It's been crystal clear for months, and now it's finally official -- the Fresno County Board of Supervisors opposes a new $15 million downtown headquarters proposed by First 5 Fresno County.
But in a contentious board meeting Tuesday, that opposition became largely symbolic. A related effort to force Supervisor Henry R. Perea -- the board's official representative on First 5's governing body -- to vote against the building, even though he supports it, failed.
That was just the start of the bad news for Supervisors Judy Case and Debbie Poochigian on Tuesday. For the last two months and several meetings running, they have been on the warpath against not only First 5's downtown building, but the agency as a whole.
The board had been scheduled to start a debate on the pros and cons of bringing First 5 under direct county control, but it never came to pass as it became equally clear that Case and Poochigian were the only supervisors even willing to entertain the notion of such a change.
Supervisor Phil Larson was the key cog in the entire political drama.
He opposes the building, and sided with Poochigian and Case in a 3-2 vote that put on the record what the three have railed on for months: They think the building is an opulent palace and waste of money that will end up hurting the children First 5 is supposed to serve.
If approved by First 5 commissioners, the building will be built on agency-owned property that currently is a parking lot along Tulare Street, between N and O streets, adjacent to the Fresno County Library. It will include a child care center, classroom space and a community conference room in addition to First 5's administrative offices.
Case had originally put the ideas together of opposing the building and directing Perea to vote against it in a single motion. That effort failed 3-2, with Larson voting with Perea and Supervisor Andreas Borgeas against the idea.
"This is America and I'm not going to tell anyone how to vote," Larson said.
Those two votes set the stage for the highly anticipated start of a debate on whether First 5 should remain an independent agency or be brought under the county's direct control.
Larson killed that discussion before it started when he said flatly, "I'm not going to vote to bring it back" under county control.
Case and Poochigian again talked exhaustively about doing what they said was best for children and about spending money wisely, but the packed chambers were 100% in First 5's corner. Not one audience member who spoke backed Poochigian or Case's point of view.
First 5 Fresno County is an independent agency that seeks to bolster health and education programs for children from birth to age 5 and their families. It's funded by California's tobacco tax and has a budget this year of around $11 million.
Both Poochigian and Case have pointed out that the agency's budget has been shrinking as fewer Californians smoke. In 2006, Poochigian has said, the budget was $22 million. As the agency's budget shrinks, Poochigian and Case say every dollar should be directed to children.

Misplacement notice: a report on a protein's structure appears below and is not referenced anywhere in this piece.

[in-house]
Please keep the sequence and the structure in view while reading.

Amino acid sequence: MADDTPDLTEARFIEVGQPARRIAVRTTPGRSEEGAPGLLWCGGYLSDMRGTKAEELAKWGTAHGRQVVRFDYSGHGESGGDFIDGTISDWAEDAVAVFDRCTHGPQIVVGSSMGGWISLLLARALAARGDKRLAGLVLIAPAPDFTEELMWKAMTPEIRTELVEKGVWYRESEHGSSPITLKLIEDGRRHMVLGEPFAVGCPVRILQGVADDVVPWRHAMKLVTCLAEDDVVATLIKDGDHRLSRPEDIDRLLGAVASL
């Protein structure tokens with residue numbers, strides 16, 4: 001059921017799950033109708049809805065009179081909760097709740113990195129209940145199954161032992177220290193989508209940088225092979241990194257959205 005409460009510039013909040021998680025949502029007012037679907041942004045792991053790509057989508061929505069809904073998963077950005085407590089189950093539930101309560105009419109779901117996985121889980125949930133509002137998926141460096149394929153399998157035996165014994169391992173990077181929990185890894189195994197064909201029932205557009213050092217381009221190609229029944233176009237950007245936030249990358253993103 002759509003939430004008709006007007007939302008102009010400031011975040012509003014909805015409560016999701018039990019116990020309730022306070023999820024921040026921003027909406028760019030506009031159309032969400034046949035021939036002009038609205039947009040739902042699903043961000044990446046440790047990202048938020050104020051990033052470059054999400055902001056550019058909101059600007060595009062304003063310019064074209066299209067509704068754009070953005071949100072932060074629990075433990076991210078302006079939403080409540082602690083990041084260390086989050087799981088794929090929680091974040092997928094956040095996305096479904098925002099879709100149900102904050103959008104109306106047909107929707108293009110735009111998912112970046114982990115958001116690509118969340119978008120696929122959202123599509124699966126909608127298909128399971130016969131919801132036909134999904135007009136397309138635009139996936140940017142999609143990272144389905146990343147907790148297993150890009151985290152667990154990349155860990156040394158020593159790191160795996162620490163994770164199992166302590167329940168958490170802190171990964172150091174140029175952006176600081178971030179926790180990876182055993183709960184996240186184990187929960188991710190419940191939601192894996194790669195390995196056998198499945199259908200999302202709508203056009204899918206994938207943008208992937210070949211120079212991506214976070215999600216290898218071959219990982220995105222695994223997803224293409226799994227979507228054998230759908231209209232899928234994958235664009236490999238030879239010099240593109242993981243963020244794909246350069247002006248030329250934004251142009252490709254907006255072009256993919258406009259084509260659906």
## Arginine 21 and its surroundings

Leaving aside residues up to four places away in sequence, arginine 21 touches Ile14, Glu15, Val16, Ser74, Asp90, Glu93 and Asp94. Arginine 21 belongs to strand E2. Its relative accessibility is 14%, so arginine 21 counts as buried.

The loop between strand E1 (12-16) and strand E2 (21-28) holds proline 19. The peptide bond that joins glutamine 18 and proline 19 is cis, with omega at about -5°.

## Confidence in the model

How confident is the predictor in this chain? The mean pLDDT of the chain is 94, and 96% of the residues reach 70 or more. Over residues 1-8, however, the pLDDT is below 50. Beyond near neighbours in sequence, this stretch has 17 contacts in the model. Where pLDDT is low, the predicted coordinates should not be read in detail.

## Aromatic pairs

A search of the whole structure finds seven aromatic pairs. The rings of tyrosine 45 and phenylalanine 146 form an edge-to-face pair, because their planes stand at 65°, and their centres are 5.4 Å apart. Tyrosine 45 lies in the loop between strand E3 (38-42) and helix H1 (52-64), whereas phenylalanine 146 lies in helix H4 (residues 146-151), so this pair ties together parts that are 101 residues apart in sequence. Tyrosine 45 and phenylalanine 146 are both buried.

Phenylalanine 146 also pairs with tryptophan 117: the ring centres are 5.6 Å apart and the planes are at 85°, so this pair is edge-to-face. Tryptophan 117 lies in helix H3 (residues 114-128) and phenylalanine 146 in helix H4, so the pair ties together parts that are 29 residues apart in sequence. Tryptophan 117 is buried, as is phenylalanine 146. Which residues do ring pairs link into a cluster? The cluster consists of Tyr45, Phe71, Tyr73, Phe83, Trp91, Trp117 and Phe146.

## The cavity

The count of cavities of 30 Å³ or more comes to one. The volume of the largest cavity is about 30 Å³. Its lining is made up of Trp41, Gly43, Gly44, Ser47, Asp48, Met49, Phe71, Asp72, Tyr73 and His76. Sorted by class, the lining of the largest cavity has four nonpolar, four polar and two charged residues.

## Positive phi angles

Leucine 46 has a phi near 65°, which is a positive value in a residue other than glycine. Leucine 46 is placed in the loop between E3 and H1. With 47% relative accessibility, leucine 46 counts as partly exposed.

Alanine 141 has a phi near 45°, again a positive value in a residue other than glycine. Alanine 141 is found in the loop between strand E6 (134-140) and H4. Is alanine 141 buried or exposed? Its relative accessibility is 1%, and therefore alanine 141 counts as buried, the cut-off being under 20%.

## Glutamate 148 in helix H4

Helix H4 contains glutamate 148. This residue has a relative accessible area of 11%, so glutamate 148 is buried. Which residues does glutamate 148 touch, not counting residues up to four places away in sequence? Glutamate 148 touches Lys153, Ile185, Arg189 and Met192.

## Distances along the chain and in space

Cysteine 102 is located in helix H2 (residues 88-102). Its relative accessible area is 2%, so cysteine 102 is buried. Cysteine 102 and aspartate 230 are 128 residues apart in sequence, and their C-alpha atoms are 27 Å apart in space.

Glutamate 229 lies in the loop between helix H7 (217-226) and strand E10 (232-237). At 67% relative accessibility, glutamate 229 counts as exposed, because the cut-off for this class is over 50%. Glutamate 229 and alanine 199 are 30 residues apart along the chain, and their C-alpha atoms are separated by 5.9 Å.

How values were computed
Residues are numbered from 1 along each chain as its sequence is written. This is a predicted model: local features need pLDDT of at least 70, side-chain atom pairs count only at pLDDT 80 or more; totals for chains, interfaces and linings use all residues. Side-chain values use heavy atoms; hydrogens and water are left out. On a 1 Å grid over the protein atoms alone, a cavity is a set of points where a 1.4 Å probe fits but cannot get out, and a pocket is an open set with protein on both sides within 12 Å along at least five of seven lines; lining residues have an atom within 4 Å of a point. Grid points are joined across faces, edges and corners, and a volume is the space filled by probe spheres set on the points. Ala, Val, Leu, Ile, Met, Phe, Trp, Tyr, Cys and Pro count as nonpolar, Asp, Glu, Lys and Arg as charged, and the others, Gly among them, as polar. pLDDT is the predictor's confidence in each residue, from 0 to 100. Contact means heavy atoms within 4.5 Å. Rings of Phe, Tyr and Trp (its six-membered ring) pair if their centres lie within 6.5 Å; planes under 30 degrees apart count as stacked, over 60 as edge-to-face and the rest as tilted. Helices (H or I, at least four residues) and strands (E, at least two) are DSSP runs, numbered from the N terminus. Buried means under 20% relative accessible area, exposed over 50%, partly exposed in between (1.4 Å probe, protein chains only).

Even after Larson's declaration, Case and Poochigian kept the heat on First 5. They asked for a whole list of information from First 5, as well as a survey of staffing and governing body sizes at other county First 5 agencies in the state.
In addition, the agency is scheduled to make a presentation on its fiscal situation at the Dec. 3 supervisors meeting, which likely will continue the debate.
Tuesday's discussion also continued to expose deep rifts on the board, including the strongest comments to date from Borgeas, who basically said Case and Poochigian had created the First 5 controversy by "masquerading" a political motive as a reasonable inquiry.
The end result also sidestepped what could have been some sticky legal issues.
For one, Perea told his board colleagues that he had no intention in his role as a First 5 commissioner to cast a vote in opposition to the building, even if his fellow supervisors voted to make him.
Perea suggested they replace him if that part of Case's and Poochigian's push was successful, though it appears First 5's bylaws require a vote of four of the five supervisors to make that change.
If Perea remained as a First 5 commissioner, and voted in favor of the project, would his colleagues have voted to take legal action against him?
A second question involved the legality of the board taking control of First 5 Fresno County.
County Counsel Kevin Briggs indicated supervisors had the power to take the action, but former Fresno City Council Member Larry Westerlund, who is an attorney, disagreed.
Westerlund, who said he and his wife had seen firsthand the work of First 5 with the birth of their children, told supervisors there was a time when Fresno County could have put the agency under its control, but state law now shows that period has passed.
He then told the supervisors that he would represent First 5, for free, in any legal challenge to a county takeover.
"It is a monumental mistake to try and do that and I don't think you have the authority to do that," Westerlund said to applause.